Holiday Inn

This article is about the hotel chain. For the 1942 film starring Bing Crosby and Fred Astaire, see Holiday Inn (film). For other uses, see Holiday Inn (disambiguation).
Holiday Inn Hotels
Subsidiary of the InterContinental Hotels Group
Industry Hotels
Founded August 1, 1952 (1952-08-01)
Memphis, Tennessee, U.S.
Founder Kemmons Wilson
Headquarters Atlanta, Georgia, U.S.
Number of locations
Area served
Americas, Europe, Middle East, Africa, Asia-Pacific
Services Food services, lodging, conventions, meetings, timeshares
Parent InterContinental Hotels Group
Divisions Holiday Inn Express
Footnotes / references

Holiday Inn is an American brand of hotels, and a subsidiary InterContinental Hotels Group. Founded as a U.S. motel chain, it has grown to be one of the world's largest hotel chains, with 2,649 active hotels as of September 30, 2016.[2][3] The hotel chain is based in Atlanta, Georgia.


A Holiday Inn in Belfast City Centre, Northern Ireland


Kemmons Wilson, a resident of Memphis, Tennessee, was inspired to build his own motel after being disappointed by poor quality and inconsistent roadside accommodation during a family road trip to Washington, D.C. The name "Holiday Inn" was coined by Wilson's architect Eddie Bluestein as a joke during construction of the first hotel, in reference to the 1942 Christmas-themed, musical film Holiday Inn, starring Bing Crosby and Fred Astaire. Their first hotel/motel opened in August 1952 as "Holiday Inn Hotel Courts" at 4925 Summer Avenue in Memphis, the main highway to Nashville. In the early 1990s, it was demolished, leaving behind a plaque commemorating the site.

Wilson partnered with Wallace E. Johnson to build additional motels on the roads entering Memphis.[4] At the time Holiday Inn's corporate headquarters was in a converted plumbing shed owned by Johnson. In 1953, the company built its next three hotels which, along with their first hotel, covered the roads that led to Memphis. The second motel was built on U.S. 51 South. It was followed by two more in 1953, one on Highway 51 North, and another on U.S. 61. Upon Johnson's death in 1988, Wilson was quoted as saying, "The greatest man I ever knew died today. He was the greatest partner a man could ever have." What they started together, with Wilson later helming the project, became the Holiday Corporation, one of the world's largest hotel groups.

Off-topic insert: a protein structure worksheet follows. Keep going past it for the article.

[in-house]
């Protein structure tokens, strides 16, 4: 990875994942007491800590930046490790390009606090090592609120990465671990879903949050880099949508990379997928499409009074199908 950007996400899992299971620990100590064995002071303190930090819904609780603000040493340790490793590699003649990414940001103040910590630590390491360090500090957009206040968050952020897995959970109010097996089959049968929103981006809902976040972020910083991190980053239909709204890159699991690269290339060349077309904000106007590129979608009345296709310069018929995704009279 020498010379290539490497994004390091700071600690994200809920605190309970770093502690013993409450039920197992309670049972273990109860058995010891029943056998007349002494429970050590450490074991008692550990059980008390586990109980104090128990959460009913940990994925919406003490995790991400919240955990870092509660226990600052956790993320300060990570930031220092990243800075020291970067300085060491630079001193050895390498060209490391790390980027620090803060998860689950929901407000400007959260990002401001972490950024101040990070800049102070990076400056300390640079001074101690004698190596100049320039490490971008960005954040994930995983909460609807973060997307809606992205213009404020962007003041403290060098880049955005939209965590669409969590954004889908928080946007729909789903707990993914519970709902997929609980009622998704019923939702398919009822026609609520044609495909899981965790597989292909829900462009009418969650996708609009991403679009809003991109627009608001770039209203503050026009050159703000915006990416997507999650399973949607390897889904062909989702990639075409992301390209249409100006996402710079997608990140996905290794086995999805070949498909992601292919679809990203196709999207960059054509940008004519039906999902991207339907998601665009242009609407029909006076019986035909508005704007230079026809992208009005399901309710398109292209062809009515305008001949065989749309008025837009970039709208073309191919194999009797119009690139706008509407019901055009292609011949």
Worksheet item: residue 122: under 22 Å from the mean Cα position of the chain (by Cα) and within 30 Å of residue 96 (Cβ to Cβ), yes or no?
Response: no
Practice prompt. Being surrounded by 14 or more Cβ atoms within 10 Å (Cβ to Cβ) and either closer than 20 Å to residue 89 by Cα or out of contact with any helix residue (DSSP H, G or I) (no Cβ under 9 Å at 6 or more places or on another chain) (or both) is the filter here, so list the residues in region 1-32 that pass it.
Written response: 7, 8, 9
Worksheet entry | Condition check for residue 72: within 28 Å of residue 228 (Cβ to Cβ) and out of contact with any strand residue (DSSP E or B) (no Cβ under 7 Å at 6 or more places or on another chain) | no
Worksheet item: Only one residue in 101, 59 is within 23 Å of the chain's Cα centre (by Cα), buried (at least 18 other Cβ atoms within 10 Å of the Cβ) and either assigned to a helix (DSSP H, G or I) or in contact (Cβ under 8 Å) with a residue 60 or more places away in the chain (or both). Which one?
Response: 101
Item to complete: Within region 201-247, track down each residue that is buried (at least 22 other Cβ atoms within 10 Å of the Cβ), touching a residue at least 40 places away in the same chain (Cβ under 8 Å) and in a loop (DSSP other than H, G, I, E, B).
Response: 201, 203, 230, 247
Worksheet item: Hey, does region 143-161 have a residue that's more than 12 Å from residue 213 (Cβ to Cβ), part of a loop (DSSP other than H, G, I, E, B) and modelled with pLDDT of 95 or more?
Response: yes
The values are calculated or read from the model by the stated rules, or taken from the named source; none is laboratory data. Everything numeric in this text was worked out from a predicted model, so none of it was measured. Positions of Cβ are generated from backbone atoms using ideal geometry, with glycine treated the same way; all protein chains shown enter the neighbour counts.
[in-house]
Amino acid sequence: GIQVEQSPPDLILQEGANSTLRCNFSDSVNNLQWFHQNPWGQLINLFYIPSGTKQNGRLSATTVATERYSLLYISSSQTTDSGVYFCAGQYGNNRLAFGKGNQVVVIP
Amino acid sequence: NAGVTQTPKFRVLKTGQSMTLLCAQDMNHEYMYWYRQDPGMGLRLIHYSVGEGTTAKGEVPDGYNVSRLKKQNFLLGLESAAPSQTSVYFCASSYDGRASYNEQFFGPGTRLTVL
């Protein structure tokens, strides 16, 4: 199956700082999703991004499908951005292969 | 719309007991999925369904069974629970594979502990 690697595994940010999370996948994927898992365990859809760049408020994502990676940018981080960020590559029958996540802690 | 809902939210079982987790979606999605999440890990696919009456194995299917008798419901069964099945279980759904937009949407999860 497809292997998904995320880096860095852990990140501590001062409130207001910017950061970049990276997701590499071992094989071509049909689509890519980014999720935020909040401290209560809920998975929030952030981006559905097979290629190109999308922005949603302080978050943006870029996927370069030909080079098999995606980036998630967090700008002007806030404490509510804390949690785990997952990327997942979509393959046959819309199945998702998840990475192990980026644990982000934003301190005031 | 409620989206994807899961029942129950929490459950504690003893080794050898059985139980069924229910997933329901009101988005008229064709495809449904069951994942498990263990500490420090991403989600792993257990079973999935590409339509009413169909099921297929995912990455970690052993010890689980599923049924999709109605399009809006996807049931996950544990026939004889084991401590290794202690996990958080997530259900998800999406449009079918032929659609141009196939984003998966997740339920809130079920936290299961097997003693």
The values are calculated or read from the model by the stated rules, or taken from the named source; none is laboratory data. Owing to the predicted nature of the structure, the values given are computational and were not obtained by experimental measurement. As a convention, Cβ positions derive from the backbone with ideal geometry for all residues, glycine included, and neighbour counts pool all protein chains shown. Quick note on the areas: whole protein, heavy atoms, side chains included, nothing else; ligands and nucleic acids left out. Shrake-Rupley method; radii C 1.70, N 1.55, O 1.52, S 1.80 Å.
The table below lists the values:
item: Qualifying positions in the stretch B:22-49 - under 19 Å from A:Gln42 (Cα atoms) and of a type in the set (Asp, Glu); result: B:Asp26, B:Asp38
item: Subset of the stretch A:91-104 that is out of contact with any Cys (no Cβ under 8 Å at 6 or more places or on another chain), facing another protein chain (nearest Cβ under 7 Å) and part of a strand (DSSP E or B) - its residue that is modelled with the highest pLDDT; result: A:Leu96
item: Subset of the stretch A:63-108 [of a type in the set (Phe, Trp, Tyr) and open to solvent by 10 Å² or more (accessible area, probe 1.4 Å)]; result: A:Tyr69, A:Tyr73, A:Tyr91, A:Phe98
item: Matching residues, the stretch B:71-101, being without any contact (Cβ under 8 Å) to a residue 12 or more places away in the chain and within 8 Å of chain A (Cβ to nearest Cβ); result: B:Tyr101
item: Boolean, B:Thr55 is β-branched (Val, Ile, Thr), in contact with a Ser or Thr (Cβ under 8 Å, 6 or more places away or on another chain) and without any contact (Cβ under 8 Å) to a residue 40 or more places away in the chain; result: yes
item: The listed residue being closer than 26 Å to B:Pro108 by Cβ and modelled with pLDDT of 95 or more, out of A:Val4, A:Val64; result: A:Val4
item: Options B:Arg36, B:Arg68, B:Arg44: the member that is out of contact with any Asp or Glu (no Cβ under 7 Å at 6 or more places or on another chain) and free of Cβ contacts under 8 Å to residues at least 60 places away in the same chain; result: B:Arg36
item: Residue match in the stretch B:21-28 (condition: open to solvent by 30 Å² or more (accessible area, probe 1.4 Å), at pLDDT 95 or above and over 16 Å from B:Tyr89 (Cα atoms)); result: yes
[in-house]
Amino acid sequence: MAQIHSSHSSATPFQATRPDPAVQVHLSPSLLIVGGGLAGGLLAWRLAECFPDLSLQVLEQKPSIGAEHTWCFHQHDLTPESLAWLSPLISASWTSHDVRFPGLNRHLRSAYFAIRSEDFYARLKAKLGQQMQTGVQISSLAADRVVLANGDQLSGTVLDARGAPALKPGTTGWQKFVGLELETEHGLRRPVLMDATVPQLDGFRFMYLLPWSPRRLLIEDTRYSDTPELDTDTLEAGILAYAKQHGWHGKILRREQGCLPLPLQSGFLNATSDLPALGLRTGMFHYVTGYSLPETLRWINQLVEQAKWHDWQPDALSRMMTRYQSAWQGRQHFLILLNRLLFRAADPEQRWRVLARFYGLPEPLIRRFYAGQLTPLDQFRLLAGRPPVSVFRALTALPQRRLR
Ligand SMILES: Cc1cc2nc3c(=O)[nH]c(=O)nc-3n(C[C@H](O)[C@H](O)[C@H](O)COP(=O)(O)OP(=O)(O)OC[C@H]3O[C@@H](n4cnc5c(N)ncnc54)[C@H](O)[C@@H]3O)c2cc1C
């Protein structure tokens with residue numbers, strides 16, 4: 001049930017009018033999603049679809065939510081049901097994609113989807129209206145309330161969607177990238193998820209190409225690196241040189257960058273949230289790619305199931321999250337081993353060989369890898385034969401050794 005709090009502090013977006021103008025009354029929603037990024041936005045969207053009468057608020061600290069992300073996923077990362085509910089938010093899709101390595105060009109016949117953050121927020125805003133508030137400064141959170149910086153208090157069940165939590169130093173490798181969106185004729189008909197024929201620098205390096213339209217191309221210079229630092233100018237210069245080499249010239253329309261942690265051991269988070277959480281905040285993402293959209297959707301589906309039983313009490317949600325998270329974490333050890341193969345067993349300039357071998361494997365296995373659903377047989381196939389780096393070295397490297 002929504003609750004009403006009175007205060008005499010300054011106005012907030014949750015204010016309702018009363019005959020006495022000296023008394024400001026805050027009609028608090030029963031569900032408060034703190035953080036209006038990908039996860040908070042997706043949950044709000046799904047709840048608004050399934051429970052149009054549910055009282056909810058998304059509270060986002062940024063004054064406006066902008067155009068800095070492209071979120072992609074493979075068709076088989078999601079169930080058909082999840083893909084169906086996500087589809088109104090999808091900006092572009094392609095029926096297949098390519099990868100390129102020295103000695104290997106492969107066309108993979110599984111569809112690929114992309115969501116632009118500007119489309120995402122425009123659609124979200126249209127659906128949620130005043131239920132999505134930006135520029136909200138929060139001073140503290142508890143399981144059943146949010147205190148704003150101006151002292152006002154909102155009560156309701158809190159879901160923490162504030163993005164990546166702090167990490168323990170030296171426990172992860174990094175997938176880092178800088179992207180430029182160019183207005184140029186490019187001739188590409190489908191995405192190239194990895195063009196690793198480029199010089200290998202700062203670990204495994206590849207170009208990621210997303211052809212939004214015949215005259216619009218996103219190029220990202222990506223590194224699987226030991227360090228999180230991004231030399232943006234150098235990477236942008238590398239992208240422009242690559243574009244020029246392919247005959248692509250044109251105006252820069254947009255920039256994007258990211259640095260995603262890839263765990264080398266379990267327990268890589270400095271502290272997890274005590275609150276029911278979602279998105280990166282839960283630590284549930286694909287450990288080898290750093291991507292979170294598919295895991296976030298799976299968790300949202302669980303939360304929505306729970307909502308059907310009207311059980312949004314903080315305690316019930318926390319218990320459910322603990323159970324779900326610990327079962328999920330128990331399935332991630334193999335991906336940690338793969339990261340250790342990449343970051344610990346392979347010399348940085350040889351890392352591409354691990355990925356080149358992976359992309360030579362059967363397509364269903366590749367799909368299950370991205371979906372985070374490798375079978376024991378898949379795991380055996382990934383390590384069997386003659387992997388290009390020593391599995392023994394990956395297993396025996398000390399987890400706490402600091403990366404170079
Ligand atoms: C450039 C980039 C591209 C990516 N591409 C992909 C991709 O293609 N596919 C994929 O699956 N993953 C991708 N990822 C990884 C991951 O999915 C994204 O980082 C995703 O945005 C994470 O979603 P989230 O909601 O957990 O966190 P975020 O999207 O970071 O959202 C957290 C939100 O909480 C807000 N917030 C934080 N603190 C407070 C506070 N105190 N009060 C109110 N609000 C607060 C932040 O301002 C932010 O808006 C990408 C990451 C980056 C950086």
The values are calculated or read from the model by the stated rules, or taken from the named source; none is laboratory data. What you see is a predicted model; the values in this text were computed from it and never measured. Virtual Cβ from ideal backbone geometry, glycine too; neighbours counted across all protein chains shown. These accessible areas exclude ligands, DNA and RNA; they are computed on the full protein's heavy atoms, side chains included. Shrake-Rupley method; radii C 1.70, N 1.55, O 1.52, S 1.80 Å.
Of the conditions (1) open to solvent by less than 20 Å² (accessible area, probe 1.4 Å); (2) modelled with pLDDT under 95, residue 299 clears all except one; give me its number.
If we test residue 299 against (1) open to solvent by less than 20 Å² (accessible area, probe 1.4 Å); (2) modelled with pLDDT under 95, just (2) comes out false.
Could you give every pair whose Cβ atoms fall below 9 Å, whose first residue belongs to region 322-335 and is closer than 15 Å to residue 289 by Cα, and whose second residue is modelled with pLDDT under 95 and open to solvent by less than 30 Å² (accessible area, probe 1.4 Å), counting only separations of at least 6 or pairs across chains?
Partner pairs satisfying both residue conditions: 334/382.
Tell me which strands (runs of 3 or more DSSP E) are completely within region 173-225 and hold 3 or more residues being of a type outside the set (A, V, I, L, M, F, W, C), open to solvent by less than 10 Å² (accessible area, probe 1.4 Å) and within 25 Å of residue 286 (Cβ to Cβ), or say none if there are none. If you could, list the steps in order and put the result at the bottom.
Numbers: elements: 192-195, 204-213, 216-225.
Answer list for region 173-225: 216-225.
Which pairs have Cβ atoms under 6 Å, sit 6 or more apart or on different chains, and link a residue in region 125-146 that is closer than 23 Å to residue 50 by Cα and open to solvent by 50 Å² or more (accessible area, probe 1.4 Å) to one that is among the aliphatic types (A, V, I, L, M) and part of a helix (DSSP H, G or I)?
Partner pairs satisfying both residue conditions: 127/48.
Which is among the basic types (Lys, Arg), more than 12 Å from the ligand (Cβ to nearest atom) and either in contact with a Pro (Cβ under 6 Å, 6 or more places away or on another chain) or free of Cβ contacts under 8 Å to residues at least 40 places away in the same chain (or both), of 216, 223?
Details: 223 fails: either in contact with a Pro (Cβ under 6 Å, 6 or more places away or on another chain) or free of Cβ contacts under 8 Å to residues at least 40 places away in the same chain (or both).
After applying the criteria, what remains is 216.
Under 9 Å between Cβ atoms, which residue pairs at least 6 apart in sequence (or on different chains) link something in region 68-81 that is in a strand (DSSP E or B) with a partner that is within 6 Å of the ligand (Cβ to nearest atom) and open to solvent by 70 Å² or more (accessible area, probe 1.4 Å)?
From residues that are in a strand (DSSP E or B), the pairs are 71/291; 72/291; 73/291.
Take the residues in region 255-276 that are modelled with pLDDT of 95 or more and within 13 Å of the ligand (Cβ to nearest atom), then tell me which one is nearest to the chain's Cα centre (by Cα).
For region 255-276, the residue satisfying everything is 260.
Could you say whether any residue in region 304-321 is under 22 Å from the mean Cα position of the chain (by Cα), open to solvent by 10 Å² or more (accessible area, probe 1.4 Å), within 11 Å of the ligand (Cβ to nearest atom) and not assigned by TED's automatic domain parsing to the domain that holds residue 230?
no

By the beginning of 1956, there were 23 Holiday Inns operating with seven more due to open by the year's end. In 1957, Wilson began marketing the chain as "Holiday Inn of America", mandating its properties be standardized, clean, predictable, family-friendly, and readily accessible to road travelers. The chain grew dramatically as a result, with 50 locations across the country by 1958, 100 by 1959, 500 by 1964, and the 1,000th Holiday Inn (in San Antonio, Texas) opening in 1968.

In 1965, the chain launched Holidex, a centralized reservation system where a visitor to any Holiday Inn could obtain reservations, by teleprinter, for any other Holiday Inn location. The only comparable systems at the time were operated by airlines (Sabre made its debut in 1963). Promoting itself as "your host from coast to coast", Holiday Inn added a call center after AT&T's introduction of +1-800 toll-free telephone number service in 1967, and updated its systems as desktop microcomputers, an invention of the 1970s, found their way into travel agencies.[5]

Branded as "The Nation's Innkeeper", the chain put considerable financial pressure on traditional motels and hotels, setting the standard for competitors like Ramada Inn, Quality Inn, Howard Johnson's, and Best Western. By June 1972, with over 1,400 Holiday Inns worldwide, Wilson was featured on the cover of Time magazine and the franchise's motto became "The World's Innkeeper".

In the 1960s, Holiday Inn began franchising and opening campgrounds under the Holiday Inn Trav-L-Park brand. These recreational campgrounds were listed in the Holiday Inn directories.[6][7]

In 1963, Holiday Inn signed a long-term deal with Gulf Oil Corporation where it agreed to accept Gulf credit cards to charge food and lodging at all of its American and Canadian hotels, in return for Gulf building service stations on many Holiday Inn properties, particularly near major U.S. and Interstate highways. The arrangement was copied by competing lodging chains and major oil companies during the mid-to-late 1960s, but fell out of favor following the 1973 oil crisis. The Gulf/Holiday Inn arrangement ended around 1982.